5. Prof. Yechezkel Dror (Member of Winograd Commission): “Israel … It must work to persuade the world that such a declaration is illegal and an impediment to peace.” He agreed with Minister Landau that if the PA makes good on its threat, Israel must respond by annexing territories.
  6. Interior Minister Yishai (Shas): “There is no need to be concerned over the declaration of a Palestinian state because there is an Israeli option for a response.”
  7. Environment Minister Erdan: Israel should withhold tax revenues collected on behalf of the Palestinian Authority.

And so on and so forth.

The panic in Israeli attitudes is a powerful statement of the weakness of Israel’s position. Sure, they could legally annex the West Bank, which they have accomplished de facto already. They could also withhold the PA’s tax money, which they also do periodically in order to coerce the PA to adopt whatever new position Israel is trying to force on them.

All these reactions confirm, of course, the essential point that Israel is irrevocably damaging any prospects for peace in the two-state framework. In fact, Israel has already undermined so dramatically the possibility of an independent state that they are now terrified of that state actually being created, because it would mean that half a million Israeli citizens are not within Israel’s borders. Oops.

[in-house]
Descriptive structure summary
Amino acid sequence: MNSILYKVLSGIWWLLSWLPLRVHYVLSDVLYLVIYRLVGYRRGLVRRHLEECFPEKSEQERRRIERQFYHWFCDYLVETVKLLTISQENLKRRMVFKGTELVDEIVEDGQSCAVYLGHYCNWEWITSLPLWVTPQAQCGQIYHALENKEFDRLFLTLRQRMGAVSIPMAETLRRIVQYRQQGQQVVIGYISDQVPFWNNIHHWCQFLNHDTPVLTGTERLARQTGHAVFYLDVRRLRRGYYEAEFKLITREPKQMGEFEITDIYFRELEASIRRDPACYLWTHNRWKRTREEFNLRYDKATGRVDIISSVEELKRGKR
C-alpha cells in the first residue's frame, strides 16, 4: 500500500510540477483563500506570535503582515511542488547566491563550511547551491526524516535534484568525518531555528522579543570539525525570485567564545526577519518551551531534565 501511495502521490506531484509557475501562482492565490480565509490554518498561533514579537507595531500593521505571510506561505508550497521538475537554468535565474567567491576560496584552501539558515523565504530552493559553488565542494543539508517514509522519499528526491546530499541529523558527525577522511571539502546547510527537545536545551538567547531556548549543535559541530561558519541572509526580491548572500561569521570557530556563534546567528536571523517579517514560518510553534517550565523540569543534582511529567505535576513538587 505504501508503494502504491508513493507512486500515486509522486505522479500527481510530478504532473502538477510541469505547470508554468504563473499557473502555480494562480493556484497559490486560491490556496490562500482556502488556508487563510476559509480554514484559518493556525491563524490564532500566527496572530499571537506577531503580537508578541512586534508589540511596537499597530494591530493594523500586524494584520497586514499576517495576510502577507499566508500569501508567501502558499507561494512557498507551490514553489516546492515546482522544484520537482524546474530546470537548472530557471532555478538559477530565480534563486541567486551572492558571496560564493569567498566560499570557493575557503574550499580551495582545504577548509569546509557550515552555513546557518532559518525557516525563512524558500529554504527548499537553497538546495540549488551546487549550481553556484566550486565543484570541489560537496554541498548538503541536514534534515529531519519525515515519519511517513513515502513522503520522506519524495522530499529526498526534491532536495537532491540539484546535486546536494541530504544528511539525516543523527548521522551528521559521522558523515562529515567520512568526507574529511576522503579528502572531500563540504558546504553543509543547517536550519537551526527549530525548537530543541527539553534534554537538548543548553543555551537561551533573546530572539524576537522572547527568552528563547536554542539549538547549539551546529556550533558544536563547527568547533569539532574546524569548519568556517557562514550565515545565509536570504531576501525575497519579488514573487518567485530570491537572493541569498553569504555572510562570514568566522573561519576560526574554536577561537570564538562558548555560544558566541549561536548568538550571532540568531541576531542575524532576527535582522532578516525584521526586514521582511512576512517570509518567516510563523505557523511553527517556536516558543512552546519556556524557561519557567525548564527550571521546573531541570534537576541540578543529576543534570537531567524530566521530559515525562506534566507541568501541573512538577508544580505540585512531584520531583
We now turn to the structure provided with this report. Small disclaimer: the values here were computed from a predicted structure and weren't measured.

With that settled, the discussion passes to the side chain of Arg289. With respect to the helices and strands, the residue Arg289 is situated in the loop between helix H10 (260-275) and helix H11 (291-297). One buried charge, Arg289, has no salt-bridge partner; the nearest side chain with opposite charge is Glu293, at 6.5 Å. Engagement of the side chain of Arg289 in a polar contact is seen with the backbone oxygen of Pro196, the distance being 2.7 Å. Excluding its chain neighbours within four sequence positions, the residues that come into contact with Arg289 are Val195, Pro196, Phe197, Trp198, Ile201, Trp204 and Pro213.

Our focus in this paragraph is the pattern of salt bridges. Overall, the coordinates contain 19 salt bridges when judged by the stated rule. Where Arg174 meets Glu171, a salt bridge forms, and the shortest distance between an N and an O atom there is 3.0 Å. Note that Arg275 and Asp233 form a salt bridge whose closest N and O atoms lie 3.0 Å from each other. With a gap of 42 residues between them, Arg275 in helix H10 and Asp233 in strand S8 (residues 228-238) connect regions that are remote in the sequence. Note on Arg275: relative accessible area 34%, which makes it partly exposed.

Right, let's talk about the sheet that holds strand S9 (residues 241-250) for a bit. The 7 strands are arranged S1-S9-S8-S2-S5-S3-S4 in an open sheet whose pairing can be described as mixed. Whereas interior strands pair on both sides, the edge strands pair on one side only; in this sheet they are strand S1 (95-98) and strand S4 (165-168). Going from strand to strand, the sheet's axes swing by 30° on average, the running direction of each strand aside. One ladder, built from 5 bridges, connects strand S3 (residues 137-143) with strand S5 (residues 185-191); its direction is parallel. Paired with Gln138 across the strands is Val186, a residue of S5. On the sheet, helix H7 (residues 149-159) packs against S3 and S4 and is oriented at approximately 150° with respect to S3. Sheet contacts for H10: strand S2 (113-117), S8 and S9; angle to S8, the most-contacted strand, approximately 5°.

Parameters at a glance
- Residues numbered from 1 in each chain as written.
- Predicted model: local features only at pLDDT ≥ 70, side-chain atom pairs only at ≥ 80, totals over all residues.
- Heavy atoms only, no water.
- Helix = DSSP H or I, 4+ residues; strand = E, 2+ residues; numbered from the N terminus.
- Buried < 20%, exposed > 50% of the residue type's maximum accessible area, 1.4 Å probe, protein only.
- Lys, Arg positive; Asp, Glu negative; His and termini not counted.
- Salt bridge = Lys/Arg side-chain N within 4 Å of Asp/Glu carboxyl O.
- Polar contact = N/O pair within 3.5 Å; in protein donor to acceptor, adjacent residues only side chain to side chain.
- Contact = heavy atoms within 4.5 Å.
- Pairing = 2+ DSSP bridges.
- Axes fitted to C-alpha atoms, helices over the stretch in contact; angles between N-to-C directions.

The situation has gone far enough that some very conservative elements of Israeli society are calling for one state. Caroline Glick of the Jerusalem Post writes: “Israel should strike out on a new course and work toward the integration of Judea and Samaria, including its Palestinian population, into Israeli society.” Information minister Edelstein elaborated that a binational state need not be a threat to an ethnically exclusive Israel because it doesn’t necessarily imply full voting rights for Palestinians: “It’s a threat that was always waved but there a thousand and one intermediate paths and examples from all over the world that stray from the principle of ‘one man—one vote.”

Minister Edelstein, may I suggest the solution of “three-fifths of a human” as enshrined in the original US constitution to deal with the slave populations?

Well, three-fifths might not be the appropriate ratio, what with Palestinian population growth and the demographic threat and so on. What if those Palestinians bred so fast that by 2100 there were 70% more Palestinians than Jews in the one state (and could therefore be the majority vote even with their 3/5 voting status)?

Given this serious issue, I propose establishing one state in all of historical Palestine and setting Palestinian voting rights at 1/5 of a full Jewish vote. This constitutional formula should ensure a Jewish voting majority voting until at least 2200.

All of these reactions and arguments just strengthen the attractiveness of the one-state idea.

With this in mind, I say let the Palestinians declare a state. Then let a freaked-out Israel beholden to settlers annex the West Bank.

And let the struggle for equal one-fifth rights truly begin!